And we were concerned about the structure and the safety
of our workers underneath of it, on the floor below.
So we actually ripped out the whole ceiling
and we put steel I-beams and girdered,
basically structural members
to the retain it for the next hopefully 150 years.
My brother and I look at old things.
We get excited.
We grew up in a Victorian farmhouse
and our mother's an antique dealer of 40 years.
So when something is old, we don't throw it out.
We really think there's something special there.
When we were on site,
we're finding old copper kettles, old cast iron
machines, and we had to sort it all out.
And that process found us some discoveries like the original,
one of the original, Shane stamps
that helped us create the logo
of our old English fonts for the business.
You have a lot of the traditional candies,
like the clear toy candy that's very popular
around Christmastime and the holidays.
It's very Pennsylvania, isn't it?
It's a wonderful local tradition.
It's basically just sugar boiled with corn syrup
and water and a colorant.
refining was very large in Philadelphia because it
being a port city.
That sugar expanded the number of candy stores
in Philadelphia because of its port location,
because we basically
bought the candy molds that the young family actually hid
from the US government during World War Two
because the government
needed metal for the war effort.
You don't make all of your candy on site,
but much of it, correct?
When we started, we actually bought a lot of candy
and then we learned how to make it and make it better.
I'm very proud of the team that's behind Ryan and I
in the business.
We've got chocolate makers, candy makers, we've got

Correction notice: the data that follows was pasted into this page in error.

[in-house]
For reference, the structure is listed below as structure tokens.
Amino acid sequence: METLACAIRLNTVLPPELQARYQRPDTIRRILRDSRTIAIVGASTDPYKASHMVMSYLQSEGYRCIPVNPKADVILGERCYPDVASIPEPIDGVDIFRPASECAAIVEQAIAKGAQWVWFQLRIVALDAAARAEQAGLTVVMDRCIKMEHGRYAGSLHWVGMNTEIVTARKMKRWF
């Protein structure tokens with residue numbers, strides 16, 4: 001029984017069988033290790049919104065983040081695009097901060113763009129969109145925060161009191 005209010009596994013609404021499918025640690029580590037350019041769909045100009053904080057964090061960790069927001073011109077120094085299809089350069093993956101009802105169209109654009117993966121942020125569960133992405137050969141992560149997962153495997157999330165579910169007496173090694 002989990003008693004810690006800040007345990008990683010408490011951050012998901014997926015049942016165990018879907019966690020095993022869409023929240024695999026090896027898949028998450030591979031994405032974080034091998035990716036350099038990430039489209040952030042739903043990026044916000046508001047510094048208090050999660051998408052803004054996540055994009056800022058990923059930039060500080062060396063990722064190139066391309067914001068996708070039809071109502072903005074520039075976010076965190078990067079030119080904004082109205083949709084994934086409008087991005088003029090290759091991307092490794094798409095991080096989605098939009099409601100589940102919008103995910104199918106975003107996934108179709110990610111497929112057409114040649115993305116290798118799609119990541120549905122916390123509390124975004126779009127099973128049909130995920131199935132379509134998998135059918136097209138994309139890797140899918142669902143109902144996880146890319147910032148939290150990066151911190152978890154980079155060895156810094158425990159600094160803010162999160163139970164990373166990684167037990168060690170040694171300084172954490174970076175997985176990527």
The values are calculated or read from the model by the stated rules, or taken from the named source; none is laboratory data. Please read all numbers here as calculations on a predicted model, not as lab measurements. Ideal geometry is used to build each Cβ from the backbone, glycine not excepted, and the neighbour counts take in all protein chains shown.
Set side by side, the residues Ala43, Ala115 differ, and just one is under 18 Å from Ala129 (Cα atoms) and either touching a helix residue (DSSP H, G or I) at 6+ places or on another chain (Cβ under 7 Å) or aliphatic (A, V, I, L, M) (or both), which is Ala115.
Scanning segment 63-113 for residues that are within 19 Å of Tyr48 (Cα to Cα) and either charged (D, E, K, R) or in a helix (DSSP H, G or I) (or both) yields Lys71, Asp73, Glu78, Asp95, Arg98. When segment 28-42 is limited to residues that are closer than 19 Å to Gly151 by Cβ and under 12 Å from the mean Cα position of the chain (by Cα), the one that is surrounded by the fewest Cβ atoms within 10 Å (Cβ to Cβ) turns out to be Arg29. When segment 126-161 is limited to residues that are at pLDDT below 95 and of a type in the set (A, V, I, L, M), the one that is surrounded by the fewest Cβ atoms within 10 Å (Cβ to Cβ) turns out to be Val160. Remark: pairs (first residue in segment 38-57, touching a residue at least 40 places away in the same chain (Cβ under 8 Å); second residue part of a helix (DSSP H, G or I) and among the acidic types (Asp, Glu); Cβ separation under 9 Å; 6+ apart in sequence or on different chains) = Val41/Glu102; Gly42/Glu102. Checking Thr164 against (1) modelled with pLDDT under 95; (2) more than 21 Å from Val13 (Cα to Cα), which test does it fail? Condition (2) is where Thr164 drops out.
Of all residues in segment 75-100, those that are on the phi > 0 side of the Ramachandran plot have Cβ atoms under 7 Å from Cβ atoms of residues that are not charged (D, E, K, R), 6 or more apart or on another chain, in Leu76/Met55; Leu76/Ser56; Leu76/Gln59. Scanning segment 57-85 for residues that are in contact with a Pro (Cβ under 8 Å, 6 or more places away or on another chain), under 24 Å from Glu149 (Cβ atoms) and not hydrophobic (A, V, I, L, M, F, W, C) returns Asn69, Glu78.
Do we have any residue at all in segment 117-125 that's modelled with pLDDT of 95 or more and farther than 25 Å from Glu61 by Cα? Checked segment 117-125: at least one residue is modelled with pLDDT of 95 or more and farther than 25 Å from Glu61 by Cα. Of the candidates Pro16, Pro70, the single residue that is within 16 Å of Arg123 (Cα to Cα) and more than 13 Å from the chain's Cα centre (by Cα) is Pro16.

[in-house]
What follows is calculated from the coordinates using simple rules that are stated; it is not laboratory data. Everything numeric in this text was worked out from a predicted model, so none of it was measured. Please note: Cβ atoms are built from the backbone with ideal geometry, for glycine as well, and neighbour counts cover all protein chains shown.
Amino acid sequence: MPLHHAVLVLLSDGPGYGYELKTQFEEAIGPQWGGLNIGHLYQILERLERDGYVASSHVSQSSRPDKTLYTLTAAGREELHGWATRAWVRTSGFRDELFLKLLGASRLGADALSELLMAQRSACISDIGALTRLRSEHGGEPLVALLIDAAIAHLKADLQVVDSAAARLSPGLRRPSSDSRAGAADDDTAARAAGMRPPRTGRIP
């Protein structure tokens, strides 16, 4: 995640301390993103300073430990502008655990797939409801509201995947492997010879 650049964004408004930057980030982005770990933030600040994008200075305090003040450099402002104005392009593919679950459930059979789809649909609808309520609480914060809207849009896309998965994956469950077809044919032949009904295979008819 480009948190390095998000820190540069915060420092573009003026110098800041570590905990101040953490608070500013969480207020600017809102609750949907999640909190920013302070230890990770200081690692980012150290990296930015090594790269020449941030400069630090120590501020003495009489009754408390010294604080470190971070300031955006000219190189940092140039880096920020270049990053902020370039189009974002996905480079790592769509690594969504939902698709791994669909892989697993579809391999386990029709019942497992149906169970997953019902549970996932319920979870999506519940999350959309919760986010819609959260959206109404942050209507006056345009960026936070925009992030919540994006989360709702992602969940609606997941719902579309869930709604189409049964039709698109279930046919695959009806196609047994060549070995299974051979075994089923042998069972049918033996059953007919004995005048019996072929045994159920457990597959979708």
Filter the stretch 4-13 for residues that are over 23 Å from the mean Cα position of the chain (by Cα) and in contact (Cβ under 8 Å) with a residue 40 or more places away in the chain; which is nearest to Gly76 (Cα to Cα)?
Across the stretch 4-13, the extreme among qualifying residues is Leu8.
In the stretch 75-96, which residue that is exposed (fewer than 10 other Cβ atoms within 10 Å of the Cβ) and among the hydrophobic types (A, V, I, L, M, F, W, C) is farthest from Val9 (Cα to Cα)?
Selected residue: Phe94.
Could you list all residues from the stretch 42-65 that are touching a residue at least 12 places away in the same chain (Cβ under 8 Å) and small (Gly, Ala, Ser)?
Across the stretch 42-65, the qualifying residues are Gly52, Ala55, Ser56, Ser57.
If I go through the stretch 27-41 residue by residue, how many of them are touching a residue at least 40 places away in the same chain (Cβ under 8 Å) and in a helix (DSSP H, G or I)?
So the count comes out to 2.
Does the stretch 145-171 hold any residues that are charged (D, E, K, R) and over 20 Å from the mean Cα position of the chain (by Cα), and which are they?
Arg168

managers, packing assistants.
And it's really a wonderful
place to be, to come to work.
And there were actually four candy shops
that we've discovered at one point
just on this little one block.
We're going to be branding the block Confectioner's Row,
just like Jewelry Row.
We have three storefronts and a fourth on the way.
And it's a rethink of one of the sweetest,
the sweetest block, in Philly.
Now that we're into the Christmas season,
Christmas is rapidly approaching,
you have special items for the holidays?
We haven't stopped.
We're so excited about the things we're offering on site.
We are also delivering to homes
directly in December with a program
called Delco Deliveries.
We literally drive them to people's homes.
We are also this weekend set up at two farmer's markets
in Delaware County where we live.
You can preorder your candies and chocolates and we're doing
special limited-run drinking chocolates and
hot chocolate for gifts.
And this is the season of gift-giving and being thankful.
And I think that this is the best time to be thankful
because this is a way of giving back.
And for us it means jobs
and it means continuing to provide
meaningful work for people.
And can they avail themselves of your products online?
The safest method of receiving joy in your home
is through our website.
You can also order ahead
and pick up right at our store window.
We've turned the store into a takeout window
where the front door
is actually a takeout-only space that's safe for our staff
and customers alike.
You can also check out our Instagram, Facebook
and follow us on social media
where we might be popping up in your neighborhood.